When family members come home, drop what you’re doing and run to greet them.
Let others know when they have invaded your territory.
Take naps. Stretch before rising.
Run, romp, and play every day.
Eat with gusto and concentration.
Never pretend to be something you’re not.
If what you want lies buried, dig until you find it.
When someone is having a bad day, be silent, sit close, and nuzzle him or her gently.
Avoid biting when a simple growl will do.
When you’re happy, dance and wag your entire body.
No matter how often you’re scolded, never pout. Run right back and make friends.
Delight in the simple joys of a long walk.
May 18 – 23 is National Dog Bite Prevention Week. The Center for Disease Control estimates that 4.7 million people are bitten each year. In about half of the cases serious enough to warrant medical attention, the victim is a child.
What can you do to prevent dog bites?
- Never approach an unfamiliar dog.
- Don’t pet a dog without permission.
- Report loose dogs to the proper authorities.
- Stand still if an unfamiliar dog approaches you. If you run, the dog will chase you and may knock you down. If the dog does knock you down, roll into a tight ball & put your hands over your ears.
- Avoid direct eye contact with dogs – they see it as an attempt to dominate them.
- If a dog tries to attack you, “feed” it something else – a book, an umbrella, or your jacket.
- Don’t disturb a dog who is sleeping, eating, or caring for puppies.
If you are bitten, wash the wound with soap and water immediately. If the bite breaks the skin, seek medical attention. Report all dog bites to the health department or animal control office so the dog can be quarantined until the danger of your catching rabies has passed.
If you own a dog, have him/her neutered or spayed – hard to believe, but this actually reduces aggression. Take your dog to obedience classes and make sure he obeys your basic commands. Don’t chain your dog, if possible – this increases aggression. If your dog has bitten before or is aggressive, don’t let him be around people without a muzzle!
Working together, we can all reduce the risk of another child having to face life permanently scarred.
Until next time,
Good day, and good dog!
Here are some more quotations about our best friends.
The Associated Press reports that newborn tiger triplets in eastern China are being nursed by a dog after their mother rejected them.
Officials at the Jinan Paomaling Wild Animal World in Shandong province are calling the cubs “One,” “Two” and “Three.”
They have been nursed by a dog since they were rejected by their mother shortly after birth 10 days ago, said Paomaling manager Chen Yucai.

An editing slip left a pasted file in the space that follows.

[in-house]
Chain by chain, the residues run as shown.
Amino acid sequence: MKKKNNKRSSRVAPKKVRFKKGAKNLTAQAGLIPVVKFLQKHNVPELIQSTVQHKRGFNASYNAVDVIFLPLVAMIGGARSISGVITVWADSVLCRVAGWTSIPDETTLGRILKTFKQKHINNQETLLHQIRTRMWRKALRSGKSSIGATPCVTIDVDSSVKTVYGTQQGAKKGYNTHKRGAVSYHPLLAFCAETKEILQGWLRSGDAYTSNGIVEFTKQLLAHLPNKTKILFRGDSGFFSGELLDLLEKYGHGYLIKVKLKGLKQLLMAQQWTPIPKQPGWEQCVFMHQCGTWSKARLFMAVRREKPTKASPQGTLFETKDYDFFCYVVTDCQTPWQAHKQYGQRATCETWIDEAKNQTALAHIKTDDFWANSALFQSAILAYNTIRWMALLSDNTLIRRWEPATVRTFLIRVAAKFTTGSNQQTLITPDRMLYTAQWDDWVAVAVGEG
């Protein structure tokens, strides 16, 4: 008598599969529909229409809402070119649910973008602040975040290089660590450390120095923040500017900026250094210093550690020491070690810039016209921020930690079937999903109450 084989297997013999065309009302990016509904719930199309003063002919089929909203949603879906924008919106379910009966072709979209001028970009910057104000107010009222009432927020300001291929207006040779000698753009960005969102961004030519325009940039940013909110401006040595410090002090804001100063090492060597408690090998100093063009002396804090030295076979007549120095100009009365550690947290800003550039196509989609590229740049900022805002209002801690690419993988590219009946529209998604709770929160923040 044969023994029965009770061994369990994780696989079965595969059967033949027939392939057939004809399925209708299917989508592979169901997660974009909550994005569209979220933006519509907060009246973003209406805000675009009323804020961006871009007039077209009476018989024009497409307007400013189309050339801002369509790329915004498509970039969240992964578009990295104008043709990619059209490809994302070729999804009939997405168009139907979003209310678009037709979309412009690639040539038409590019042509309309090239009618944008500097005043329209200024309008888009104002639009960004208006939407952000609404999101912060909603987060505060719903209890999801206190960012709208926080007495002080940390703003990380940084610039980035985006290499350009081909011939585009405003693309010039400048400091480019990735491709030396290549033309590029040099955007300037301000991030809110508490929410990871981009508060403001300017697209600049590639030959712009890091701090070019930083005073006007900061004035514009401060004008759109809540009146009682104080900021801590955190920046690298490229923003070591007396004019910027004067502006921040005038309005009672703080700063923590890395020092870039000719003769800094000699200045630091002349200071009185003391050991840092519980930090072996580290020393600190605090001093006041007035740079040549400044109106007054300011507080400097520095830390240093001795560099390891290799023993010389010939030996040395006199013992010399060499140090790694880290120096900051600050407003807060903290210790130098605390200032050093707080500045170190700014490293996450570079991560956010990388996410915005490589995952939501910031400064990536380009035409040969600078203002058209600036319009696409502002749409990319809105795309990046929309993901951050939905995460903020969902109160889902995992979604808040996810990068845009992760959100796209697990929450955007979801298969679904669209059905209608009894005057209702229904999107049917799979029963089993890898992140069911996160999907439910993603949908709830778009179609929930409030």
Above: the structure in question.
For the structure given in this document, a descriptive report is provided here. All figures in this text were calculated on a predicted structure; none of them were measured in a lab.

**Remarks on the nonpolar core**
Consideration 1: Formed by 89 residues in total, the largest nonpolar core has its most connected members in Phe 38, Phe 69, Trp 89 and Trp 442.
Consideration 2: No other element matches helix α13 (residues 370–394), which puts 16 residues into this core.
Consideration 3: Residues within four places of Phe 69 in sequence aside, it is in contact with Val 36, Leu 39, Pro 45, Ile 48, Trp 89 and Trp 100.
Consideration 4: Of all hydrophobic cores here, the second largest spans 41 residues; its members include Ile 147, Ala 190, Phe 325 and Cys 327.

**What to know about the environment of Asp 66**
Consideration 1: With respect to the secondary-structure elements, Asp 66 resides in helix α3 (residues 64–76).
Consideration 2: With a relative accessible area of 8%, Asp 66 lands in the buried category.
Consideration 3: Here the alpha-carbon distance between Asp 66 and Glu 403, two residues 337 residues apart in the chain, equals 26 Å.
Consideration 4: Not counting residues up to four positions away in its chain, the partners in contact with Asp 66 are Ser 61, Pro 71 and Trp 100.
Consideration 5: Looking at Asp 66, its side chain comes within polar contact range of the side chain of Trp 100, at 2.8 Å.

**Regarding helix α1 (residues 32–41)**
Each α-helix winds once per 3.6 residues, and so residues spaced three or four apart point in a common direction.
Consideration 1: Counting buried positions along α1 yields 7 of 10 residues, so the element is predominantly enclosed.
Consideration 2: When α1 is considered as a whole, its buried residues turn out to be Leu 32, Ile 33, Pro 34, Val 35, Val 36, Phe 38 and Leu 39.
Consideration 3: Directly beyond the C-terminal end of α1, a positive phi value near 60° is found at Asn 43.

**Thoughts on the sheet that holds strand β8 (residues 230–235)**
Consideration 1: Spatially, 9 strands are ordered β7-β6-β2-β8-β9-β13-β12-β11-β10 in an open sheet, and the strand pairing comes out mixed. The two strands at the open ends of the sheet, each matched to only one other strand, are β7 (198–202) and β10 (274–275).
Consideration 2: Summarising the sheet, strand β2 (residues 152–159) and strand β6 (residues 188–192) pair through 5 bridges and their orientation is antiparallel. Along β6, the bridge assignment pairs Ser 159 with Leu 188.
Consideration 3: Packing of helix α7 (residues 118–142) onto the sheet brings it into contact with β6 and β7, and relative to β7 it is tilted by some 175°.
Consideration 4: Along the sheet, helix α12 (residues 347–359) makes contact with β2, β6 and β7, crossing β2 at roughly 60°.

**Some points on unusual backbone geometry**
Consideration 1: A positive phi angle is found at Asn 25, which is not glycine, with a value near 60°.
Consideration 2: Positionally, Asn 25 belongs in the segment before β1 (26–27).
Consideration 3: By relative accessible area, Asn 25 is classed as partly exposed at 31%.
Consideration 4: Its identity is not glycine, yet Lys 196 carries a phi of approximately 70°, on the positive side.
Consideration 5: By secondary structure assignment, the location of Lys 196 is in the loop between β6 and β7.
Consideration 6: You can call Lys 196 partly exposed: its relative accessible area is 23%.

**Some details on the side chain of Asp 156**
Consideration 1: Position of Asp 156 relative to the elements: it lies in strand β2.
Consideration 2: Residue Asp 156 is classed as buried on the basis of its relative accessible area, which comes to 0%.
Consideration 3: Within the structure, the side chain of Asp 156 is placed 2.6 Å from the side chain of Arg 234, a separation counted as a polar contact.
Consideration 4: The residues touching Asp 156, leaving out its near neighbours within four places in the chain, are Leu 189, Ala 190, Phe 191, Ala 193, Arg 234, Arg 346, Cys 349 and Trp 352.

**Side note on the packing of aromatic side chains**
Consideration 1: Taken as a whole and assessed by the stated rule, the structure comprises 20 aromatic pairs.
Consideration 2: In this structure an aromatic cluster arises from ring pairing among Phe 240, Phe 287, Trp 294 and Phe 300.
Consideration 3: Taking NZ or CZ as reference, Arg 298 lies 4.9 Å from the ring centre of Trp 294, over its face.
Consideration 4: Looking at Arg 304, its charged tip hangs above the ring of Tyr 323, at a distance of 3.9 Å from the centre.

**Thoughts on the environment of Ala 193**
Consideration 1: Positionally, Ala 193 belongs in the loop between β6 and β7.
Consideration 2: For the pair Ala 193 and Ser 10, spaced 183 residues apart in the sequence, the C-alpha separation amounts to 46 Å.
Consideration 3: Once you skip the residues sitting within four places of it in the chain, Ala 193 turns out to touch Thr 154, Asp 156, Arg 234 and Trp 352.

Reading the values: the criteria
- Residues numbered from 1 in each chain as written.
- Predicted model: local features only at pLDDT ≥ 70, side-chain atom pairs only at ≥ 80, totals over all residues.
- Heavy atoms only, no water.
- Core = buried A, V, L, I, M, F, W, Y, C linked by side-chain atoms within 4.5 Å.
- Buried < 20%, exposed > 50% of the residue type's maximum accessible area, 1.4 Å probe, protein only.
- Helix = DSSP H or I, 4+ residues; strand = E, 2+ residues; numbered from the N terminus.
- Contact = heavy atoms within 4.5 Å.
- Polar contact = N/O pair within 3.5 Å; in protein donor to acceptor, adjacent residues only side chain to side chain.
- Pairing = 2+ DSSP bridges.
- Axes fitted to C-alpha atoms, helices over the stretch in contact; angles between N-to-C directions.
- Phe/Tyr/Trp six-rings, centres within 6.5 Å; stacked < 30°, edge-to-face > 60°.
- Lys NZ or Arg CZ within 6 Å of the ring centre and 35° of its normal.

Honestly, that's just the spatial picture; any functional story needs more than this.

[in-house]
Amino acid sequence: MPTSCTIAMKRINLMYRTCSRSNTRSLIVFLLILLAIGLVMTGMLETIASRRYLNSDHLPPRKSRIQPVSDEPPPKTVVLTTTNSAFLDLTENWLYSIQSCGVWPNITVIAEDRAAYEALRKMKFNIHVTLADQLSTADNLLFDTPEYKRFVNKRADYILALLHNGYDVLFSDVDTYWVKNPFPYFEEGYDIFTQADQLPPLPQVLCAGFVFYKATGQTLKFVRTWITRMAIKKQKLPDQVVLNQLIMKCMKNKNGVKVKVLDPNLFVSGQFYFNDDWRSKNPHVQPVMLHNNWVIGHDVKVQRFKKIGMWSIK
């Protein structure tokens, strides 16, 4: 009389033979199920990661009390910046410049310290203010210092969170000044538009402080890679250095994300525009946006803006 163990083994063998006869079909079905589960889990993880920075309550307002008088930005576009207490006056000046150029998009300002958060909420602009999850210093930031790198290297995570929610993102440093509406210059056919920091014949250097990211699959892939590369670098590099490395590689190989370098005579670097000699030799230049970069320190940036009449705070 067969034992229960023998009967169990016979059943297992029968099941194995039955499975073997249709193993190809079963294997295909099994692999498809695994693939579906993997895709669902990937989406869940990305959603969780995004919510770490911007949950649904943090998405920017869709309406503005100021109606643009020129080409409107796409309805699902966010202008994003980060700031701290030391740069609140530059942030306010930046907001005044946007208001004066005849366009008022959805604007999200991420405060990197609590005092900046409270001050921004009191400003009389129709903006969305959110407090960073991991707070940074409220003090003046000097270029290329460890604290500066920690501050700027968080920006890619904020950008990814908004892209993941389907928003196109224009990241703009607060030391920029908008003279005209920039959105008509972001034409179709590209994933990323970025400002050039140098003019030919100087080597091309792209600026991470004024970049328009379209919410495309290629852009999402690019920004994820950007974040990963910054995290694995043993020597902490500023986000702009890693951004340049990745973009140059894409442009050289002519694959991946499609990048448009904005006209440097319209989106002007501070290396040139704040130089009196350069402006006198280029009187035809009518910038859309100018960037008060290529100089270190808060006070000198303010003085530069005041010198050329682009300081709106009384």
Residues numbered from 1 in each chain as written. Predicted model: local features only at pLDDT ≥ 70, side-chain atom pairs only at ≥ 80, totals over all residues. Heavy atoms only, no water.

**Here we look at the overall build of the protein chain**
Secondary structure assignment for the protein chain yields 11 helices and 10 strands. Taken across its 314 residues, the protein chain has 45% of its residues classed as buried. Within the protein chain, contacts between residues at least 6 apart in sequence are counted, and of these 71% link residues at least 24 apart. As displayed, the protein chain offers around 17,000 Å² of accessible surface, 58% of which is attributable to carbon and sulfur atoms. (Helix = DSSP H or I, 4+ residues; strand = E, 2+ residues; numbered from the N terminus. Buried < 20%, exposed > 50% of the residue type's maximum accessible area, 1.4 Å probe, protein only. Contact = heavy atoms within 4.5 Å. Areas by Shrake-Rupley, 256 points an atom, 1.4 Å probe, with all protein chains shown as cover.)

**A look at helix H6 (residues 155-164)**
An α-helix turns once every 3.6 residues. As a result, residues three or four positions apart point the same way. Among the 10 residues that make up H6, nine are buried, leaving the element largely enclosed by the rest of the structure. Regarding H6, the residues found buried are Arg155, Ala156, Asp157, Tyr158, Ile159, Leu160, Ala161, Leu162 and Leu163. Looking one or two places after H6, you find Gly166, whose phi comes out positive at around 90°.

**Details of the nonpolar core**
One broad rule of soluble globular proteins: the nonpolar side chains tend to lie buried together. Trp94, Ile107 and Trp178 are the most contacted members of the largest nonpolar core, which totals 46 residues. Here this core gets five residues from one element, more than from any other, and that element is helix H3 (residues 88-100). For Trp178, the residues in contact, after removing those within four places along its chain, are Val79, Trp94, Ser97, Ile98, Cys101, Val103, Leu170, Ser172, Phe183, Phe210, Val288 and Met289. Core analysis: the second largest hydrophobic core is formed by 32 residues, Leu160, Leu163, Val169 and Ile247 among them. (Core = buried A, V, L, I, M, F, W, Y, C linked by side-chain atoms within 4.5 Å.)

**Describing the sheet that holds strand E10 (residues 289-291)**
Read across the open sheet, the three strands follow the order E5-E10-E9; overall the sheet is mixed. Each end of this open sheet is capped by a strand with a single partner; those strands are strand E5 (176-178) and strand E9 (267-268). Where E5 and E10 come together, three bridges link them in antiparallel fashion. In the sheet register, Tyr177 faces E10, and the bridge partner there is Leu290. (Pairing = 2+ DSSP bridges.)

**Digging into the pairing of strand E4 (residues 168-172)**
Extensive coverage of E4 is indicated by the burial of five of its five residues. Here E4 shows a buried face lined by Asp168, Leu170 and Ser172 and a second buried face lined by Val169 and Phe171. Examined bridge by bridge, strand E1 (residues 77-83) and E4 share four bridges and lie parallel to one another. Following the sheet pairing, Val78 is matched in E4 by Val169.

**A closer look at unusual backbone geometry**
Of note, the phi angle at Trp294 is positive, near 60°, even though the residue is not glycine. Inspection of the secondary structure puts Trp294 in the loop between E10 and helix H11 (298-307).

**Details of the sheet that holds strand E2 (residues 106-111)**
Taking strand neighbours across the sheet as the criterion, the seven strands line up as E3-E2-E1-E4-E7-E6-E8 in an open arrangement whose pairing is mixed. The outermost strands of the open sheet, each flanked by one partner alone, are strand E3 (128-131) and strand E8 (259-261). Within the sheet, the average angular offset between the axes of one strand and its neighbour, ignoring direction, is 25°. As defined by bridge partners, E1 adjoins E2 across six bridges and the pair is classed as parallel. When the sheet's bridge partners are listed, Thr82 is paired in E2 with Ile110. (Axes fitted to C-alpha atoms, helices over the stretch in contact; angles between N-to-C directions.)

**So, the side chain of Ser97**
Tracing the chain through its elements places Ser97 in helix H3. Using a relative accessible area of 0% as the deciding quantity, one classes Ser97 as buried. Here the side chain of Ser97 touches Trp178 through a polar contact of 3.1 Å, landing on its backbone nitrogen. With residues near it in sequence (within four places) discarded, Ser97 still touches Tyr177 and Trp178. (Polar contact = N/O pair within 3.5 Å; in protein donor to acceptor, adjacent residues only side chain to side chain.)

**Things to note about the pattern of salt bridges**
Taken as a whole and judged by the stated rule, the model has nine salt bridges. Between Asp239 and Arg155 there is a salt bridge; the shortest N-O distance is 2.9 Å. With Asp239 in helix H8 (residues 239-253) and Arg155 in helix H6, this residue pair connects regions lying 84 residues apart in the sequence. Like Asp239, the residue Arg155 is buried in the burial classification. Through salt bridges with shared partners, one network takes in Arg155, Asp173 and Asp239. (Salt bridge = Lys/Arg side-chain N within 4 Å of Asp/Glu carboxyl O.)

Continue reading Dog Nurses Tiger Triplets in China!
Keep these 5 “P’s” in mind as you approach the job of housetraining your puppy… you’ll wonder why it used to be such a challenge.
- Prediction: Learn to look for the signs… walking around with nose to the floor, just finished eating, just woke up, just finished playing, any other pattern you might notice.
- Place: Pick a place where you want puppy to go and always take him/her there
- Persistence: Do it regularly, without fail. Yes, it might be too hot, too cold, too windy, too wet, too early, too late… these are all LAME EXCUSES!
- Patience: Wait until puppy has done her/his stuff… it may take a while. Relax, breathe some fresh air… it’ll do you some good.
- Praise: When puppy has done her/his stuff, let puppy know s/he is the best puppy that ever lived… go a little crazy! Puppy won’t laugh at you for acting foolish, and it’ll really help puppy understand what you want. And remember, puppy’s great goal in life is to make you happy!
That’s it! 5 easy P’s! Prediction, Place, Persistence, Patience and Praise. And you’ll have a happy dog and a clean floor!
Are you really taking good care of your dog? Let’s not forget that they’re totally dependent on us for their food, shelter, health and well-being. We took them away from nature and made pets out of them, and in doing so, we let them forget how to survive on their own. Let’s never forget that a dog is like a little baby, needing us through their entire lives. Continue reading Best Friends
About 25 years ago there was a wonderful series on public TV called All Creatures Great and Small based on the experiences of James Harriot, a country vet in the Yorkshire Dales in 1930’s England… a thoroughly enjoyable series of anecdotes of his relationships with his co-workers and his clients, a proud lot of very poor, extremely hard working farmers. I don’t recall anything on TV in years that can match it for genuine warmth and its testimony to how magnificent human nature can be.
Let me share one little gem with you… Continue reading All’s Well that Ends Well